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Article smash up cover board game

Published on November 6th, 2013 | by Gregg Miller

Post-Ironic Pop Culture Crossover: The Game!

Gregg Explains:  Smash Up!

Smash Up! is a game made by Alderac Entertainment Group (AEG).  The base game comes with a set group of factions:  Aliens, Tricksters, Pirates, Ninjas, Wizards, Dinosaurs, Robots, and Zombies.  Each faction has their own mechanical theme.  Unlike many other collectable card games, you’re not building your deck from a vast collection.  Instead, each player selects two factions, and shuffles them together into one deck.

A set of base cards are shuffled, then revealed, each worth varying amounts of victory points.  Some bases may have additional rules dictating perks for “busting” the base, or what may and may not happen when contesting the base.  Each base has a strength score, that when exceeded by the total amount of strength generated from minions from all players, determine if the base scores.

Each player’s turn breaks down into being able to play one minion card at any base, and playing one action card from their hand.  As soon as a base has enough strength from minions to “bust” the base, all scoring mechanics can take place, points are awarded, then a replacement base is then added to the list.

If you are familiar with collectable or trading card games, you will know that there are a few mechanics common to many of them.  One mechanic that helps in power balance and ease of player comprehension is something I call the “faction mechanic”.  For example, Mountain-based Red magic in Magic: the Gathering tends to be unblockable, direct damage, where as Plains-based White magic tends to be defensive and healing oriented. Smash Up! uses this sort of faction mechanic in an interesting fashion.

smash up cards

The Alien faction has a lot of card removal and return-to-hand mechanics.  Ninjas have a lot of misdirection where you can exchange one card for another or unexpectedly add additional cards into play.  Pirates have a lot of mobility, allowing the player to move between bases.  Tricksters tend to break, ignore, or bend the normal rules, without a unified faction mechanic.  Wizards are able to draw extra cards involving the Action type cards.  Robots seem to echo what Wizards do, but with the Minion type cards.  Dinosaurs can bring in the large strength numbers, but seem to only do so on their own turn.  Zombies have a lot of small horde and return-to-play strategies.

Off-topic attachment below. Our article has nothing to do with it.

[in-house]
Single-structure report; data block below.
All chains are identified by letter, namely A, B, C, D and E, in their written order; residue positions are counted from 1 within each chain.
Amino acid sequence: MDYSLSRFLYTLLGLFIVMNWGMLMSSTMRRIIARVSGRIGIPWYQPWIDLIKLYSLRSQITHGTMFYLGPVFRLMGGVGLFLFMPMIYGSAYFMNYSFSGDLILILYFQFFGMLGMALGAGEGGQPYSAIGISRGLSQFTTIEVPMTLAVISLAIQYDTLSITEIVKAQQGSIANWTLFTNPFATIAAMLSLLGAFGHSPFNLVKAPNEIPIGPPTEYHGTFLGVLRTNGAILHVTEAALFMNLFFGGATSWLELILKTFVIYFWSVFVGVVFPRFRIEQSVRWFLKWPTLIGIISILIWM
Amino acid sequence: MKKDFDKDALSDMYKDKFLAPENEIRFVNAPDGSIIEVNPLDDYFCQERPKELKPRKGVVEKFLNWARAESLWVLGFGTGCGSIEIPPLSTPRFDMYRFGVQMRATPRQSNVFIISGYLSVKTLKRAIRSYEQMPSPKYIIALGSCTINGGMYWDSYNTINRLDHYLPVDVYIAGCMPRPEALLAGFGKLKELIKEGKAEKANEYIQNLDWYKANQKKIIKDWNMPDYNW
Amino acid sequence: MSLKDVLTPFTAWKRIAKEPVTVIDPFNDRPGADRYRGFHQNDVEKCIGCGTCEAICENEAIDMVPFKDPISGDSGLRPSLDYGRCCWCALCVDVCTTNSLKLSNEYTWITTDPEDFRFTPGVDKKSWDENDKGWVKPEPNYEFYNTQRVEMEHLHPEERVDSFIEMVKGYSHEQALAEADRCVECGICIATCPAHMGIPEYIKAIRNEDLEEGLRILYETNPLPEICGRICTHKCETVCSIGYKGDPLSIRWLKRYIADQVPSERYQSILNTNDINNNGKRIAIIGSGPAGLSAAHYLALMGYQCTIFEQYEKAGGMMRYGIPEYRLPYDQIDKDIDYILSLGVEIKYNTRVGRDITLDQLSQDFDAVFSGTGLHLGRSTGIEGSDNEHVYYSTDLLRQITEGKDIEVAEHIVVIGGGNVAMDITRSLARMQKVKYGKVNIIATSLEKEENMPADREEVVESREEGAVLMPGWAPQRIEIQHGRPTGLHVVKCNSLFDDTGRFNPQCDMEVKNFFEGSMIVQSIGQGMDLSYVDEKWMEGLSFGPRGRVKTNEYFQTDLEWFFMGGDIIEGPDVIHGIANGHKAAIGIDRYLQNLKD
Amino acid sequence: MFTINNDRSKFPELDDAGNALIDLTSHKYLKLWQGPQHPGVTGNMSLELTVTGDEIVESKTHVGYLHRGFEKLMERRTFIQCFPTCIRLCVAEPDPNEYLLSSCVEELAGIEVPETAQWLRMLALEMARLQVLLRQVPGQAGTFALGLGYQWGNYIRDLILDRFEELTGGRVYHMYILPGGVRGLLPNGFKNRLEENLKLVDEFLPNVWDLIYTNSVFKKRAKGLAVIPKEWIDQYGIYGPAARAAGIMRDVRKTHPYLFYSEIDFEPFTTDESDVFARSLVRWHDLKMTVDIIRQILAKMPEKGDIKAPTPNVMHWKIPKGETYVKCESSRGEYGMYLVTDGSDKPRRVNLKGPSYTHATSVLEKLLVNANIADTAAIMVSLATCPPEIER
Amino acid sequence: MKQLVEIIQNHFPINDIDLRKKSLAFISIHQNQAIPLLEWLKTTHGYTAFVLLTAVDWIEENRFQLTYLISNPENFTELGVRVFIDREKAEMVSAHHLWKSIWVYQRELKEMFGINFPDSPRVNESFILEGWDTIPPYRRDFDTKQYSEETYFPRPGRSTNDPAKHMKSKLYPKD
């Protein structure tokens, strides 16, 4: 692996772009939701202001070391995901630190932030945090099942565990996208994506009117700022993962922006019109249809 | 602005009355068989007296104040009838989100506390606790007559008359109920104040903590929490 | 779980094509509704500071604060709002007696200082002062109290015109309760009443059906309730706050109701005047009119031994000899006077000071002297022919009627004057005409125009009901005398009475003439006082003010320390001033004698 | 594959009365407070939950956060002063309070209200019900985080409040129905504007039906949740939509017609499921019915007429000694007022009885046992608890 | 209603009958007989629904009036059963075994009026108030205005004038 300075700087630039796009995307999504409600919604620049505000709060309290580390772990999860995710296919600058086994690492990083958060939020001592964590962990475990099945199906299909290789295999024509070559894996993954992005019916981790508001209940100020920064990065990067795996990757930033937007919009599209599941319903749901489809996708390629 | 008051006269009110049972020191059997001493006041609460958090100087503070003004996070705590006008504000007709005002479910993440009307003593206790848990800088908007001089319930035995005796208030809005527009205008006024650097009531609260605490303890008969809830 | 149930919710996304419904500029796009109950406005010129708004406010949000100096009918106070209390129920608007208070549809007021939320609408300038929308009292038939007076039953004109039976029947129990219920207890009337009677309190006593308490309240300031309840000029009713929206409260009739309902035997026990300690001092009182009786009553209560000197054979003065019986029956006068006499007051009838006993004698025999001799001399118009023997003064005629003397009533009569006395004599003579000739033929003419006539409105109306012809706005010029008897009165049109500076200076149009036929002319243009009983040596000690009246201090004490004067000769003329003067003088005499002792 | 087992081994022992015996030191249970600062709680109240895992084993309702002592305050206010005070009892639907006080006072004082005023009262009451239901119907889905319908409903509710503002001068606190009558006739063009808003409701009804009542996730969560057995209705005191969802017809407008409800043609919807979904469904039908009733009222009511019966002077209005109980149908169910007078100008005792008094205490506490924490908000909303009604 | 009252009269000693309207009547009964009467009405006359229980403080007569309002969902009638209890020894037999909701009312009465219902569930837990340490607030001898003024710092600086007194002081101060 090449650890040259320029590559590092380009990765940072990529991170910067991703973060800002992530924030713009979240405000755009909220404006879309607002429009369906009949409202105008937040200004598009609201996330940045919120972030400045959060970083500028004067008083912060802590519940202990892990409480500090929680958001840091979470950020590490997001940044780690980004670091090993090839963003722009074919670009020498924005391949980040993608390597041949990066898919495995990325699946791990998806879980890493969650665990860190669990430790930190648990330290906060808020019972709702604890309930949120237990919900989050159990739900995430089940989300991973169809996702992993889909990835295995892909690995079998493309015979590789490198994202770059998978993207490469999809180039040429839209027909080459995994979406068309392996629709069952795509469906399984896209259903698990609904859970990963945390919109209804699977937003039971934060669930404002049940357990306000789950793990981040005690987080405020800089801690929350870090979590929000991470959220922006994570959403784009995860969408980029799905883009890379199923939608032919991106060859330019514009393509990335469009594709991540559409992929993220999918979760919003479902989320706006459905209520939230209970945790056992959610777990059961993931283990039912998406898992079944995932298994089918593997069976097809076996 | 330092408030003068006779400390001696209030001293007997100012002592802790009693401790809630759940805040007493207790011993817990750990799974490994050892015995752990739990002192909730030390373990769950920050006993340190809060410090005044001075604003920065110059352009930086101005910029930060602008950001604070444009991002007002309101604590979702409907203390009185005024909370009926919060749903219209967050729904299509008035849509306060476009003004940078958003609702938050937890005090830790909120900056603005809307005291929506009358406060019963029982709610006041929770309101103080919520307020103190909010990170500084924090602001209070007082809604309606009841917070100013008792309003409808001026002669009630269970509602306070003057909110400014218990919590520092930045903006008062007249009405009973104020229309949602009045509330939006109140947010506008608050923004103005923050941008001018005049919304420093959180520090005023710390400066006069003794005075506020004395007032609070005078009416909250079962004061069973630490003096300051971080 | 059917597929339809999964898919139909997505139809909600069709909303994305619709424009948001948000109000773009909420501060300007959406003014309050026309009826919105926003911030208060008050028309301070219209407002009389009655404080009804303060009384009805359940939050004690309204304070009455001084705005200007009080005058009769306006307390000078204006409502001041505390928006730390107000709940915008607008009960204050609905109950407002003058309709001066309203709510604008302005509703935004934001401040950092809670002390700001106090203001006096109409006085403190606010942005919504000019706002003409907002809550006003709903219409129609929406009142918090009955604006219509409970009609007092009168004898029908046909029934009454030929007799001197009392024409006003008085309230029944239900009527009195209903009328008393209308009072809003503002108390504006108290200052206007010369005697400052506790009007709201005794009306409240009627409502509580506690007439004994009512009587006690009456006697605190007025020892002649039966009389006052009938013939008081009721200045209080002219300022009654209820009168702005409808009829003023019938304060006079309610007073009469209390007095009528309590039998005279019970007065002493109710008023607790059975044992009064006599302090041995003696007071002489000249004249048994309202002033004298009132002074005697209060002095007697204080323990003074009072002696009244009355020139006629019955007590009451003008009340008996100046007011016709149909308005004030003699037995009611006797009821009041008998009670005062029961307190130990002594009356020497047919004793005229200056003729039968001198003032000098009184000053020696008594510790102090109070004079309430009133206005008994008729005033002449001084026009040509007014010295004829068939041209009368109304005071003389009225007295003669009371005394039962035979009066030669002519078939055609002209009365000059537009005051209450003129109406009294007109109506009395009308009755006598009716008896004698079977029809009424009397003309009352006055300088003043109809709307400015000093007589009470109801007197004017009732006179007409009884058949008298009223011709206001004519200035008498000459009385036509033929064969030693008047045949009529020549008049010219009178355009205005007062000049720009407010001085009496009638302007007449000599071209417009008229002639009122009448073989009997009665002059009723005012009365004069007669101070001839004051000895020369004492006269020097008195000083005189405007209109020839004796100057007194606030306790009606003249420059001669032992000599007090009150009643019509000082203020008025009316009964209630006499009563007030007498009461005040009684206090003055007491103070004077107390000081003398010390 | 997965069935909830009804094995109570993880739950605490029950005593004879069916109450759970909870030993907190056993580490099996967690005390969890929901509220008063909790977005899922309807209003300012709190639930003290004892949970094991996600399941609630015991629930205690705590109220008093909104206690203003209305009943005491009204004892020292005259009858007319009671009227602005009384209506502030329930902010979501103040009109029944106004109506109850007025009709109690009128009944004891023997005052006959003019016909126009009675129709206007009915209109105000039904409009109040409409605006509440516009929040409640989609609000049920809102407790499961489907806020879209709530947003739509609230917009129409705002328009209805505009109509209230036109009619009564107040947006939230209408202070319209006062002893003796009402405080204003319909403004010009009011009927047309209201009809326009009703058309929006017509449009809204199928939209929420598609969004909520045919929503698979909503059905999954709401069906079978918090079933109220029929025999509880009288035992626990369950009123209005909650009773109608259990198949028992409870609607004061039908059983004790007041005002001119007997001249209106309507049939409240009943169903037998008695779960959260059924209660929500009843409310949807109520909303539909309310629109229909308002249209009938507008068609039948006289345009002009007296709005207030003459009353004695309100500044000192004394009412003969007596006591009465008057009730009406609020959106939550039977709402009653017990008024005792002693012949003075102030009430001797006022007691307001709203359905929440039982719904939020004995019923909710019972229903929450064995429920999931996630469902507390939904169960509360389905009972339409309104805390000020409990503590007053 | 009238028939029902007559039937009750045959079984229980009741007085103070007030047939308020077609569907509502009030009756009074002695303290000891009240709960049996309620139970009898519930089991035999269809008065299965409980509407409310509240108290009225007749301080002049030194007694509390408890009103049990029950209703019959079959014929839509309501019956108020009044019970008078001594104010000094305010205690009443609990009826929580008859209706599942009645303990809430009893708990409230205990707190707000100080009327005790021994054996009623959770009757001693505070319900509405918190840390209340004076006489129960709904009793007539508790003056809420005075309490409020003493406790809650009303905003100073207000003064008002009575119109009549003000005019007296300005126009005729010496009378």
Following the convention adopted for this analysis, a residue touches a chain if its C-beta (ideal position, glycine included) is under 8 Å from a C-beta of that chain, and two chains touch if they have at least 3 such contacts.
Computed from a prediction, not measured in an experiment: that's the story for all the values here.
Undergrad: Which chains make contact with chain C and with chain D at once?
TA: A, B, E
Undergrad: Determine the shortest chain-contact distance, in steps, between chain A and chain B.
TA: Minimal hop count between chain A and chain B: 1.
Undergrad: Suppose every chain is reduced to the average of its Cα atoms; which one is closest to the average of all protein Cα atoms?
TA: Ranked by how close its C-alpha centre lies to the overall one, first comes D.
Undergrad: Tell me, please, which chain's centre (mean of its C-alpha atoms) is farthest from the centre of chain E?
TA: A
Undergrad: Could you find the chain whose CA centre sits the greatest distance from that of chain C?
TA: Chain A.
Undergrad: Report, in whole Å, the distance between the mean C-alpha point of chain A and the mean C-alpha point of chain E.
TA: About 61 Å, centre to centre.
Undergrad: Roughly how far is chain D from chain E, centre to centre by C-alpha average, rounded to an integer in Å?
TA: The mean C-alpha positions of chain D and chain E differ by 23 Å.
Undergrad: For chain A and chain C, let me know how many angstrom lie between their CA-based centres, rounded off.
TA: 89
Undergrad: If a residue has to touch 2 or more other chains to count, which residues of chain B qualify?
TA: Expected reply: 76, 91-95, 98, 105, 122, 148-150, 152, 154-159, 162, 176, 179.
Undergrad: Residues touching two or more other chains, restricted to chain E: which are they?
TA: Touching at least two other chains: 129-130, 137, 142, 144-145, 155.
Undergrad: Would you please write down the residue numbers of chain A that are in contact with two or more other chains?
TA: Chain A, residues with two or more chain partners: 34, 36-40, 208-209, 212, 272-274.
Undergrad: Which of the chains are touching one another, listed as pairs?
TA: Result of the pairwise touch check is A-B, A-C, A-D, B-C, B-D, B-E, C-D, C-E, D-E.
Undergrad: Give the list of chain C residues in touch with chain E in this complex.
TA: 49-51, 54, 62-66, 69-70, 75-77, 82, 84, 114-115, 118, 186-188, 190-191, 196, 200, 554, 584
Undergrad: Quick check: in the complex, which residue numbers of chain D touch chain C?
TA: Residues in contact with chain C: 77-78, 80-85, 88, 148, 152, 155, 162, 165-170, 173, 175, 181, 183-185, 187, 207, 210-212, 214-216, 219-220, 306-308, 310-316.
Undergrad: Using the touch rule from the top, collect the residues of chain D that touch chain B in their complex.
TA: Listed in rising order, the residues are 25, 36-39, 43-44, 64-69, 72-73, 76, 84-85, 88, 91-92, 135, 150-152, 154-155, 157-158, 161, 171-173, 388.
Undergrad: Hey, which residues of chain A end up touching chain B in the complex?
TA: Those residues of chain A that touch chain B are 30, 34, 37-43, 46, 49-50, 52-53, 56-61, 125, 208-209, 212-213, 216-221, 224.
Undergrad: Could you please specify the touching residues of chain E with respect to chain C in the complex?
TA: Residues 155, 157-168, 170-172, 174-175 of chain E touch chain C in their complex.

Smash Up! is an incredibly interesting game.  With the various combinations of mixed factions, you can build quite a few formidable decks.  Some combinations are more powerful than others, but that imbalance is also part of the game.  An interesting side rule Matt “The Favorite” suggested is to make a player’s turn consist of two card plays of any type, instead of the normal one minion card and one action card turn.  This rule helps in case you have a run of just one card type or series of cards that can’t be played, and it keeps the game moving forward.

The expansions to the base game have some rather fun titles, and they each add several factions.  Awesome Level 9000 adds Ghosts, Killer Plants, Steam Punks, and Bear Cavalry.  The Obligatory Cthulhu Set brings Cthulu Cultists, Elder Things, Innsmouth, and Miskatonic University.

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About the Author

Gregg Miller

Former Alderac Entertainment Group Bountyhunter, who hails from Utah, I'm well versed and practiced in explaining things. In the kitchen training new hires, or letting the new person at the table understand the core basics of Munchkin, I like to get the relevant information out, while avoiding tangents and every exception to each and every conceived rule. When I'm not working, I'm enjoying a hobby, or perhaps a cigar now and then. Hippy hair, and the bushy mustache aren't going away, so don't bother suggesting it. :{|



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